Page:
“The reason I can reach back in history and say it was definitely [set] on purpose is because later that night, somebody left these red cards in the yards of some of the prominent citizens, and these red cards had couple of sayings on them,” Hansen said.  “One of them was ‘You have no pity, we show no mercy.’”

It’s a creepy message, to be sure, but does the presence of the red cards prove anything irrefutably? What if there is no direct connection between the red cards and the possible arsonist?  That is, maybe somebody was just pulling an opportunistic prank in the wake of an accidental fire.

Oddly enough, the trail of the red card theory quickly grows cold partly because there are no examples of the red cards in the Kittitas County Historical Museum’s collection – and no red cards in any collection anywhere.  There’s also no definitive list of the Ellensburg residents who found them on their charred land 129 years ago.

Regardless, Charlie Hansen has done plenty of thinking and ruminating about the Ellensburg fire and what a tragedy it could’ve been if circumstances had been only slightly different.

For instance, Hansen says, hundreds of people were at a dance right next door to J.S. Anthony’s store, where the fire began.  A slight difference in the wind, and there could’ve been hundreds of deaths, Hansen says, and so this willingness on the part of the possible arsonist to risk the loss of this many lives might point to a motive.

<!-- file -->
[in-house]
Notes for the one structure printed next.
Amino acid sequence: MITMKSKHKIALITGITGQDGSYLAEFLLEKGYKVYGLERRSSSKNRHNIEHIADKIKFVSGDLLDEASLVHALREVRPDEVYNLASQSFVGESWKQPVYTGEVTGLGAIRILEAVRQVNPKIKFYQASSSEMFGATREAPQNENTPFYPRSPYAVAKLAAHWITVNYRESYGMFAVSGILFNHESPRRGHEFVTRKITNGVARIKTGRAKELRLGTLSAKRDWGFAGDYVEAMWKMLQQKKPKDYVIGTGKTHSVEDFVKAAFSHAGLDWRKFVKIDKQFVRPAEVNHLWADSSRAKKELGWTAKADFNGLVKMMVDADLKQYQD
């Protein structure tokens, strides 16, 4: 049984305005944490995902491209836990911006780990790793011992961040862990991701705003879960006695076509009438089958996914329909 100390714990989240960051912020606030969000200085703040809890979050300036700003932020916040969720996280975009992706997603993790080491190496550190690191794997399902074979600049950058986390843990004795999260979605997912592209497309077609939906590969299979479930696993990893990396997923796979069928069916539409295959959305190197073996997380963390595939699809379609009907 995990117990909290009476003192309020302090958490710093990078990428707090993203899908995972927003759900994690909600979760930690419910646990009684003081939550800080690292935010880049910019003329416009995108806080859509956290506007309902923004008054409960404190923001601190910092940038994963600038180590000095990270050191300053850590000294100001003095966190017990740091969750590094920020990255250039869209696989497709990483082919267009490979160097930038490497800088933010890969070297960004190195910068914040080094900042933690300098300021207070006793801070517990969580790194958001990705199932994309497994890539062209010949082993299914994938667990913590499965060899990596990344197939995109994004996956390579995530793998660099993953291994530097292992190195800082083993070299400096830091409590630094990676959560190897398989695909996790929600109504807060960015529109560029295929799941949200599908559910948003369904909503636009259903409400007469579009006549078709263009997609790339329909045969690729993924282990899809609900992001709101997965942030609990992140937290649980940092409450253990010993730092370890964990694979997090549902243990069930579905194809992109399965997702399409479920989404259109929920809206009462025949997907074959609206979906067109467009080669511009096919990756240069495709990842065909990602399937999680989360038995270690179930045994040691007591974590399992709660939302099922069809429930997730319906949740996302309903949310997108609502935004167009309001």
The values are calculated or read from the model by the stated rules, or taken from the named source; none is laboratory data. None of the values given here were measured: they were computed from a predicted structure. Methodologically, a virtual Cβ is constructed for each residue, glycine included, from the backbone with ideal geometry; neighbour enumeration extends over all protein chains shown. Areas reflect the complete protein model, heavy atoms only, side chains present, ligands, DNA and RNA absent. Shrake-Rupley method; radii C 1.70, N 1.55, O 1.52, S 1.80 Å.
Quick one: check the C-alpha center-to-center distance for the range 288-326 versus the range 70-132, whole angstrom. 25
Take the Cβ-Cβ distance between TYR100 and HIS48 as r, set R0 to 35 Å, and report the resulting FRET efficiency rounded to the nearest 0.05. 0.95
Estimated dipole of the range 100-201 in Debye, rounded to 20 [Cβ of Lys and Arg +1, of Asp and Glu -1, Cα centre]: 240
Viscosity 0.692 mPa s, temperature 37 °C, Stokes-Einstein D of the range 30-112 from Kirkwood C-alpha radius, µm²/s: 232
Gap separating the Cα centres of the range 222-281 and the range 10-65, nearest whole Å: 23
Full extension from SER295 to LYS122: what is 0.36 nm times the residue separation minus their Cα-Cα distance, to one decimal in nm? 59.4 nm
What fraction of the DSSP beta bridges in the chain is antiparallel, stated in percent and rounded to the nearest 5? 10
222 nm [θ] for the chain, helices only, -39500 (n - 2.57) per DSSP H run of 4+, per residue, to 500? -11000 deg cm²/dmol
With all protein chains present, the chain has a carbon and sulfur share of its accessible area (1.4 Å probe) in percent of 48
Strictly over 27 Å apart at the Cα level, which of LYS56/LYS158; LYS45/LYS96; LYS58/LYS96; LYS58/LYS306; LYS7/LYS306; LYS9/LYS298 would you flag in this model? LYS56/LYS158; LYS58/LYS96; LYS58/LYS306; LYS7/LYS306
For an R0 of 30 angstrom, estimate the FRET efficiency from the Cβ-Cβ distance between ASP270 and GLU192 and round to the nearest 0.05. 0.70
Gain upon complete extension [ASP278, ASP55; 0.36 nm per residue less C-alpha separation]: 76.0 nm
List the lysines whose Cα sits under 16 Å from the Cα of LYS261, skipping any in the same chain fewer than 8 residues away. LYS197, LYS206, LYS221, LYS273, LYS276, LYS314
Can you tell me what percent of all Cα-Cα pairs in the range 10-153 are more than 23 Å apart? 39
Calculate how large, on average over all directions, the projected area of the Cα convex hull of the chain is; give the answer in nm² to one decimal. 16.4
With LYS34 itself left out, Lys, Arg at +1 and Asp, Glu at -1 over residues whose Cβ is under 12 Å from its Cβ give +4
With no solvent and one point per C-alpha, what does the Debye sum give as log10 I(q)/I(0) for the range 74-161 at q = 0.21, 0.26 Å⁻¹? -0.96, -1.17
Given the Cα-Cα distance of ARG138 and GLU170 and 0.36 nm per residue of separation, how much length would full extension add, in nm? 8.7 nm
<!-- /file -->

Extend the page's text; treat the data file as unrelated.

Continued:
“Who would do something so nasty? If you think about it, [it was] some rival. And so I cannot eliminate [a] political rival,” Hansen said.

“And who had the most to lose? It wasn’t Yakima,” Hansen said.

Pressed to explain, Hansen connected the dots to the competition to wrest the state capital away from the city that had been home to the territorial capital for more than 30 years.

“I always wonder about Olympia interests,” Hansen said.

Or, in other words, by burning down Ellensburg, Olympia interests eliminated the competition for securing the state capital.

Olympia, Hansen says, had shortcomings and needed the state capital to ensure its future.

“The economics had passed them by.  The railroad didn’t even go into town.  They were a backwater,” Hansen said. “Their harbor was known as, ‘it’s a fine harbor half the time.’”

If this political intrigue weren’t enough, there was at least one more salacious theory.

Remember J.S. Anthony?  Sadie Thayer spoke many years ago with a Ellensburg man well over 100 years old who recalled hearing stories about the fire as a young child. The stories, Thayer says, pointed to the shopkeeper’s extra-curricular activities as a possible contributing factor.

“J.S. Anthony, who had the store that the fire started in, was also quite the ladies’ man,” the man told Thayer.  “So there was a question, did a jilted lover or the spouse of the mistress, did either he or she burn the store down as a response to love that spiraled out of control?”

“I heard from the same gentleman that J.S. Anthony was known to keep a moonshine still in the basement,” Thayer said. “So there’s also that speculation” that the still might have exploded and caused the fire.

The Ellensburg Fire was a long time ago, but Sadie Thayer would love to acquire one of the mysterious red cards for the museum’s collection.  She agrees with speculation that there might still be an example left somewhere, perhaps tucked into a family Bible or other book, or among old insurance papers, just waiting to be discovered.

If your family has roots in 19th century Ellensburg and you still have books or other papers dating to that era, it might be worth marking the 129th anniversary of the fire by taking one more careful look.  Who knows what you might find.

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Ominous red cards are key to mystery of the Ellensburg Fire